Archive for February 22, 2014

Summerville Cotton Mill, 1919   Leave a comment

AC September 27, 1919 Page 9

Above:  An Article from The Atlanta Constitution, September 27, 1919

Obtained via


John Dodson Taylor, Sr. (1860-1936), was my great-grandfather.


O Christ of All the Ages   Leave a comment

Christ Pantocrator

Above:  Christ Pantocrator

Image in the Public Domain


O Christ of all the ages,

Unchanging to the end,

Let glory, laud, and honor

From every tongue ascend.


Let every heart adore Thee,

And every knee bend low;

With tears of deep contrition,

Let every eye o’er flow.


For Thou has borne our sorrows,

Our sicknesses hast healed,

Our sins were laid upon Thee,

Our pardon Thou hast sealed.


Henceforth, of life eternal

We are joint-heirs with Thee,

And with Thee through the ages,

May God the Father see.


O grant that every nation

In homage soon shall sing

“All glory, praise, and honor

To our Redeemer, King.”


Summerville Cotton Mill, 1917   Leave a comment

Summerville Cotton Mills

Above:  The Entire Germane Article from The Atlanta Constitution, July 22, 1917, Page 6

Obtained via


I have “clipped” pieces of this article electronically.  Here they are in readable form.



Mills 03

Mills 01

Mills 02

xMills 06

Mills 07

Mills 08

Mills 09

Mills 04

Mills 05


Acknowledgement   Leave a comment


Above:  St. Clare’s Episcopal Church, Blairsville, Georgia, February 16, 2014

Image Source = Bill Monk, Episcopal Diocese of Atlanta



O God, my comforter and guide,

Our refuge when oppressed,

The Rock of Ages, ‘neath whose shade,

May way-worn trav’lers rest.


From infancy to hoary age

Thy love our path attends,

Thy everlasting arms support

As ’till life’s journey ends.


To Thee we lift our burdened hearts,

To Thee our songs we raise.

For in Thy presence, gracious Lord,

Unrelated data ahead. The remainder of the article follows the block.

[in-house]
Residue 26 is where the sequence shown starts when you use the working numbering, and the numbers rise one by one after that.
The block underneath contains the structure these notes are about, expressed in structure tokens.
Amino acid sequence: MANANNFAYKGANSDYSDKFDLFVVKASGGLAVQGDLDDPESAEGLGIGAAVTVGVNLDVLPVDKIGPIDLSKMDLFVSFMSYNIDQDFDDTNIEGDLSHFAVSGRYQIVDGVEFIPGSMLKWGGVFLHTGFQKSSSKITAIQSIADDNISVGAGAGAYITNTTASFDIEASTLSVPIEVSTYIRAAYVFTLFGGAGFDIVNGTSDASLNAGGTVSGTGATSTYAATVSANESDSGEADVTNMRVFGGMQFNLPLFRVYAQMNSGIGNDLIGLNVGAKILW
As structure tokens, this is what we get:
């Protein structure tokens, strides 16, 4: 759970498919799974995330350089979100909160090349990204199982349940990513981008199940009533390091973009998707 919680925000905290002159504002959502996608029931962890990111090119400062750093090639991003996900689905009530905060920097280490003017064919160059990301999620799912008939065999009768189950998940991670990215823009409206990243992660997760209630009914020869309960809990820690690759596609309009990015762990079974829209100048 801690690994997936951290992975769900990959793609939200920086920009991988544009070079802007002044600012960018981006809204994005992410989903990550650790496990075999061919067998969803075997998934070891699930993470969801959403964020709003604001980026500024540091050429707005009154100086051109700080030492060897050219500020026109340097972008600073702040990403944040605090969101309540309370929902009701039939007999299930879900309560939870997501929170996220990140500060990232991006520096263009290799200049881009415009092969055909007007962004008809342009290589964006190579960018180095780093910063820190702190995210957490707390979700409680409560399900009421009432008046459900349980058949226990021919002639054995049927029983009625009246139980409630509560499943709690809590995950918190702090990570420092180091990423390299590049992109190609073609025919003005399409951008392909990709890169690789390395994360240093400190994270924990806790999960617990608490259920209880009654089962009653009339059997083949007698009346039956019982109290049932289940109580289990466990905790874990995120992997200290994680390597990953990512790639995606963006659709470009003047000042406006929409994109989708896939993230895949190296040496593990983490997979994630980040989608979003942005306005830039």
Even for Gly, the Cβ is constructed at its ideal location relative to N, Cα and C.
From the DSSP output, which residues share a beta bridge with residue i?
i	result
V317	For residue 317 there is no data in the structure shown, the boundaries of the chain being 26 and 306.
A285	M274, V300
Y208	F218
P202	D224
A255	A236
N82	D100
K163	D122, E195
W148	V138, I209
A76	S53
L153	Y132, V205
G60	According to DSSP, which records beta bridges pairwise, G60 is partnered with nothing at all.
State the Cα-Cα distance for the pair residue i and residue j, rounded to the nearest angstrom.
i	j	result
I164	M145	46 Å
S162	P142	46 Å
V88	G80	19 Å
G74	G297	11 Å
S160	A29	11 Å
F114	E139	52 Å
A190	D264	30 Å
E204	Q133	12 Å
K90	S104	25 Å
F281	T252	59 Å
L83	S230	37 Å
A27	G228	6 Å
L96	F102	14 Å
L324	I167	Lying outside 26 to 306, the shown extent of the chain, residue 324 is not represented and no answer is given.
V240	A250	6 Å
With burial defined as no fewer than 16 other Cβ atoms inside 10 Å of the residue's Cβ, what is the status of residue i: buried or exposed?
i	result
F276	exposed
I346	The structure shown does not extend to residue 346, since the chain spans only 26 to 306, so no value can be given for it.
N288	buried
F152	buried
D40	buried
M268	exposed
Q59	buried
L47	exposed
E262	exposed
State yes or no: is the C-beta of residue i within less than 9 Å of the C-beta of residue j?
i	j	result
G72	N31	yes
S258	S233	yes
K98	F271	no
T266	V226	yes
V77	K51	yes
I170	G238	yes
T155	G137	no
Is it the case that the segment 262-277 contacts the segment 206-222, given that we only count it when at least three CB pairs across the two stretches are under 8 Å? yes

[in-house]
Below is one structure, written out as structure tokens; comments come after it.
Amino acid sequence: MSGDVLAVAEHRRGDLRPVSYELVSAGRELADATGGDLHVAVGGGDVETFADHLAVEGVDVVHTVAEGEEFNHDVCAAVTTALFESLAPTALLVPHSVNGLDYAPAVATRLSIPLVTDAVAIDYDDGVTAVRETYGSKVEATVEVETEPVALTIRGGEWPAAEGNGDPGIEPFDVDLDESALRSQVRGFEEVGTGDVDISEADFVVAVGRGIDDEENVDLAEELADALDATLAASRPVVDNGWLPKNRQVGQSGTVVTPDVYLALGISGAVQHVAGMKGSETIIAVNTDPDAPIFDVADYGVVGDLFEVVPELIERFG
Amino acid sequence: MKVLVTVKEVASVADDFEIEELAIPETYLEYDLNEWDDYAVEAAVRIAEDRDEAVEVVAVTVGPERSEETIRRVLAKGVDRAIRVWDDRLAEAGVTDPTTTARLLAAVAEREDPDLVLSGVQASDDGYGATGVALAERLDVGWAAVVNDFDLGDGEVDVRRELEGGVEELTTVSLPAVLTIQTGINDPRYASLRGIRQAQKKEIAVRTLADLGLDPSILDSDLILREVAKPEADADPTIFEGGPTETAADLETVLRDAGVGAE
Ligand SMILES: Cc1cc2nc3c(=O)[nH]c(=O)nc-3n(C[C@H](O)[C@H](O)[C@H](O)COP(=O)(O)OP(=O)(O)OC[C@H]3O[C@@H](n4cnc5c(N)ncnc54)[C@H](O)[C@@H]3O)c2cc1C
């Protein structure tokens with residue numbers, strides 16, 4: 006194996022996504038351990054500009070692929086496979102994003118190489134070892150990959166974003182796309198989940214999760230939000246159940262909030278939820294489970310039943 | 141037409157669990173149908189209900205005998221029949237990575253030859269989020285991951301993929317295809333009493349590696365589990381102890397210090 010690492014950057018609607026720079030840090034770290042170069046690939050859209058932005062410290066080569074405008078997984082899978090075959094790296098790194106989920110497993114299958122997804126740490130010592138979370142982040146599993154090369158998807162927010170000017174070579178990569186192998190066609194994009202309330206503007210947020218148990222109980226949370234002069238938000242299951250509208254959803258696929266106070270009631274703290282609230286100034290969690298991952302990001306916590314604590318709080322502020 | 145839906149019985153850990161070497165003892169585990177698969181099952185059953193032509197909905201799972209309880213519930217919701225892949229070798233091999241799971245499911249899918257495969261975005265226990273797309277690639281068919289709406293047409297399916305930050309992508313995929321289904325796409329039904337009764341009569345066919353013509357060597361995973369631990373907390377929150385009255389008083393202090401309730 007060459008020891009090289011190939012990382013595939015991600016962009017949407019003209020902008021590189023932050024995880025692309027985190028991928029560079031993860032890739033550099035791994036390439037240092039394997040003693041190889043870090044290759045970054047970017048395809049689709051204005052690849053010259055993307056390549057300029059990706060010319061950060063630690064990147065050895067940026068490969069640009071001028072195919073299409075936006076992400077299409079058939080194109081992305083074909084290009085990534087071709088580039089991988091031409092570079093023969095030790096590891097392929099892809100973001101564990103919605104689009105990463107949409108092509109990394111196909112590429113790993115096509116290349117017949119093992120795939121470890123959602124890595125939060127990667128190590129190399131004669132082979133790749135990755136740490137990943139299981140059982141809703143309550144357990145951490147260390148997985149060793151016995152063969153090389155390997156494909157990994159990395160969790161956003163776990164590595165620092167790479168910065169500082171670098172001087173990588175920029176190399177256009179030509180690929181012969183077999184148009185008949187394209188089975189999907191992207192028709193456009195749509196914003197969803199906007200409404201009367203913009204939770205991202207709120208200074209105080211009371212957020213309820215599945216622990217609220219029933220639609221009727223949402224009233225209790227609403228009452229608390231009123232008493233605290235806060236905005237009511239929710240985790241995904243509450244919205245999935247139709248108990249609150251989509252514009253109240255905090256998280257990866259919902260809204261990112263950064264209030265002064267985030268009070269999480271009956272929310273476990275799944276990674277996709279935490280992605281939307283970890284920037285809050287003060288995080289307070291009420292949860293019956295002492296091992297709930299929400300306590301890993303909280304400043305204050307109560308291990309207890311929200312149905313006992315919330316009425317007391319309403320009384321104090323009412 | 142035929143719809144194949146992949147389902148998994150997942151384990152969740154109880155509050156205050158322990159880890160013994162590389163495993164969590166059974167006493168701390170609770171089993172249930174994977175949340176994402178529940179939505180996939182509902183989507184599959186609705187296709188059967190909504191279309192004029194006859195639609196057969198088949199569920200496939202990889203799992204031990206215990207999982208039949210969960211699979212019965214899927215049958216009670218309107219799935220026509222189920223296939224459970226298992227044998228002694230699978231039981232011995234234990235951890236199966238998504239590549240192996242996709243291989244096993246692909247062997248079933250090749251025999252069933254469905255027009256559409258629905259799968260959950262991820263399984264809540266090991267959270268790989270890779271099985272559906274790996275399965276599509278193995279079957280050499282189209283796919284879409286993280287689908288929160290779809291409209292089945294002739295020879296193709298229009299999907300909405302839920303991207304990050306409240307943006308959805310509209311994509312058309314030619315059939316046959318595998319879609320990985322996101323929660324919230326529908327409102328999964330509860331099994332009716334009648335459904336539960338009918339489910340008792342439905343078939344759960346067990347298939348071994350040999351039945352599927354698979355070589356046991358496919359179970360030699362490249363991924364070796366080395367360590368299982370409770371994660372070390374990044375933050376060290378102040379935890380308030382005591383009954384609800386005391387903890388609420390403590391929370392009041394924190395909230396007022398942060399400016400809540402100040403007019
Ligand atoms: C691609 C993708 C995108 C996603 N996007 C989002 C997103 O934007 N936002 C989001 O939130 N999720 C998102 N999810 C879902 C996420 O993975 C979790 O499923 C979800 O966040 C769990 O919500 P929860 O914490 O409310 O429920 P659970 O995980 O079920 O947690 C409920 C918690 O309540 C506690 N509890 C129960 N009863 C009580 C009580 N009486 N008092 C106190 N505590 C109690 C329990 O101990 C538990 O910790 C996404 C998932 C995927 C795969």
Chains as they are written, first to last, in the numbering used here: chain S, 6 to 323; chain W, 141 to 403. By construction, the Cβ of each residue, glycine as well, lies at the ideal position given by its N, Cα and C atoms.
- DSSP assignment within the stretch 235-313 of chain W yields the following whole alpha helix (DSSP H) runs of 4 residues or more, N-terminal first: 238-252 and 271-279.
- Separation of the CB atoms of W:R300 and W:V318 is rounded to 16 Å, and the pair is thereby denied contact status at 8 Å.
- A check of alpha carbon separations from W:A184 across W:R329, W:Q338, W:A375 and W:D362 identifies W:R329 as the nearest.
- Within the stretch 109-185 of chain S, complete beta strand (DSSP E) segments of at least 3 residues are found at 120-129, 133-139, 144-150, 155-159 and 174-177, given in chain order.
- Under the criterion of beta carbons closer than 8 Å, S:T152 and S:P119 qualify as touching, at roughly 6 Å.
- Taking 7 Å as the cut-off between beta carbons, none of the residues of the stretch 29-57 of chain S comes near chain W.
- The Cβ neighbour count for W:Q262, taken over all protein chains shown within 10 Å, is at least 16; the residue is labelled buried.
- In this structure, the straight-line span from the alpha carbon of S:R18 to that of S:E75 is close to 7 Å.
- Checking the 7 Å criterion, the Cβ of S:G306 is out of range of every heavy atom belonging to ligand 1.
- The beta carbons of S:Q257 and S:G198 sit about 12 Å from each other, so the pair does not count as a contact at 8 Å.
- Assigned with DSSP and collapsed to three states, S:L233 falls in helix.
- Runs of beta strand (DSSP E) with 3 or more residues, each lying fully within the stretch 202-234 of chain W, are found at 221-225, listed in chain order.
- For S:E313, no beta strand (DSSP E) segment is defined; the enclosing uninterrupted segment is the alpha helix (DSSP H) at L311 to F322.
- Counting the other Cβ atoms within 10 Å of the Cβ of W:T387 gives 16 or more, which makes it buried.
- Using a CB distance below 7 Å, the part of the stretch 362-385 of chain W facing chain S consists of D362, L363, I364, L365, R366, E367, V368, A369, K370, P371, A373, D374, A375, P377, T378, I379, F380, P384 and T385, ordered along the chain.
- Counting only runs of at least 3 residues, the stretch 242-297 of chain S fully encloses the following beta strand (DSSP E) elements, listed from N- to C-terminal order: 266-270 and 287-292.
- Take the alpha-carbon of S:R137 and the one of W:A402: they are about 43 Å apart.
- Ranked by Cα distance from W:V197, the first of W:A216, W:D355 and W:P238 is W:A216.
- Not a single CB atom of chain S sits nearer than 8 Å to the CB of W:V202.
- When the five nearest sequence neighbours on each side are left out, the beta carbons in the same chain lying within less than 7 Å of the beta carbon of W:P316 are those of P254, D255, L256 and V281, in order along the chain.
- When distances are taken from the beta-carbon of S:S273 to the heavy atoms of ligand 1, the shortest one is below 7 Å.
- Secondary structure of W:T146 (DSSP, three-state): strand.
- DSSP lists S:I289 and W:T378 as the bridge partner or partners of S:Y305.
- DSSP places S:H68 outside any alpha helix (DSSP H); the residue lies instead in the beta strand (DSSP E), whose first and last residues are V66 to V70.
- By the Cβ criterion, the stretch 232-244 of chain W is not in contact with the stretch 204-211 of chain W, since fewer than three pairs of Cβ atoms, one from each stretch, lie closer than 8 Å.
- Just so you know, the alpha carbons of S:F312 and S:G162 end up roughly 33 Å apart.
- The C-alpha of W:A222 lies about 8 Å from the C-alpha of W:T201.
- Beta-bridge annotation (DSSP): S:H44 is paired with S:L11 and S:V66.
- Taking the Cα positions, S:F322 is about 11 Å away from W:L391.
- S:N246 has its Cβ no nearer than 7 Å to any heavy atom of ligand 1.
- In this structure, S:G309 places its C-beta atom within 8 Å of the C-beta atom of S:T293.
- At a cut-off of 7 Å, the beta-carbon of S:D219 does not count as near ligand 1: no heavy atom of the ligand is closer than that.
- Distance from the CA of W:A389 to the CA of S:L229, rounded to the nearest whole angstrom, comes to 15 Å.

Petition turns to praise.


Summerville Cotton Mill, 1916   Leave a comment

AC February 5, 1916 Page 10

Above:  An Article from The Atlanta Constitution, February 5, 1916, Page 10

Obtained via


This was the cotton mill my great-grandfather, John Dodson Taylor (1860-1936), owned.


Jesus, Lord of Little Children (II)   Leave a comment

Christ Pantocrator

Above:  Christ Pantocrator

Image in the Public Domain


Jesus, Lord of little children,

Lord today, as yesterday,

From Thy radiant throne in glory

Bend to hear us while we pray.


Jesus, Lord of little children,

Through Thy love so full and sweet,

May the children of all nations

Come to worship at Thy feet.


By the shores of blue Genesaret,

On their heads Thy hands were laid;

On Thy tender arms wee babies,

Nestled gladly, unafraid.



Jesus, Master, we Thy children,

Lift our praises now to Thee,

And we long to spread the knowledge

Of Thy love beyond the sea.



Help us tell the story, Master,

May our lips and lives proclaim

Thy great love.  And may all children

Learn to know and love Thy name.


Church for Summerville   Leave a comment

AC April 8, 1917 Page 9

Above:  An Article from The Atlanta Constitution, April 8, 1917, page 9

Obtained via


Summerville Presbyterian Church 1889-1923

Above:  The 1889 Building of Summerville Presbyterian Church, Summerville, Georgia

Image Source = Nan Rich, History of Summerville Presbyterian Church, 1841-1988 (1988), page 2

The 1889 structure of Summerville Presbyterian Church, having become unsafe in 1923, went the way of all buildings past their prime.  The new facility was ready in April 1924.

Dedication May 1924

Image Source = Page 5


Family May 1924

John Dodson Taylor, Sr. (1860-1936) was the bald gentleman in the center of this close-up.  I guess that the woman to his left was his wife, “Hattie” Stoddard Taylor.


Flitting Time   Leave a comment


Above:  A Bird’s Nest

Image Source = Wikinoby



Long ago, one summer evening,

With the children ’round my knee,

I watched a mother bird attending

To her brood assiduously.


To and fro, from nest to meadow,

And from meadow back to nest

Flew she, until twilight warned her

It was time to go to rest.


And I wondered if that mother

Bird would grieve when, some bright day,

Her children should spread wide their wings,

Leave the nest, and fly away.


Now I think I know the answer,

For my nestlings soon will fly

From the nest.  E’en now they’re opening

Strong young winds exultantly,


While I’m watching them and helping

To make ready as I can;–

My own dreary heartache hidden

Underneath their merry plan.


They must flit just as the birds do;

‘Tis God’s plan and it is right,

But my nest will be as lonely

With the fall of each twilight.


There will be no youthful voices

Bidding “pleasant dreams,–goodnight,”

And no tender forms to cover

From the night wind’s chilling blight.


Still, for me remains this comfort–

Each of them is Jesus’ own;

Each one owns Him Lord and Master,

In each heart He has a throne.


And at last, beyond the river,

Where no partings ever come;

There I shall, with not one missing,

Once more have them all at home.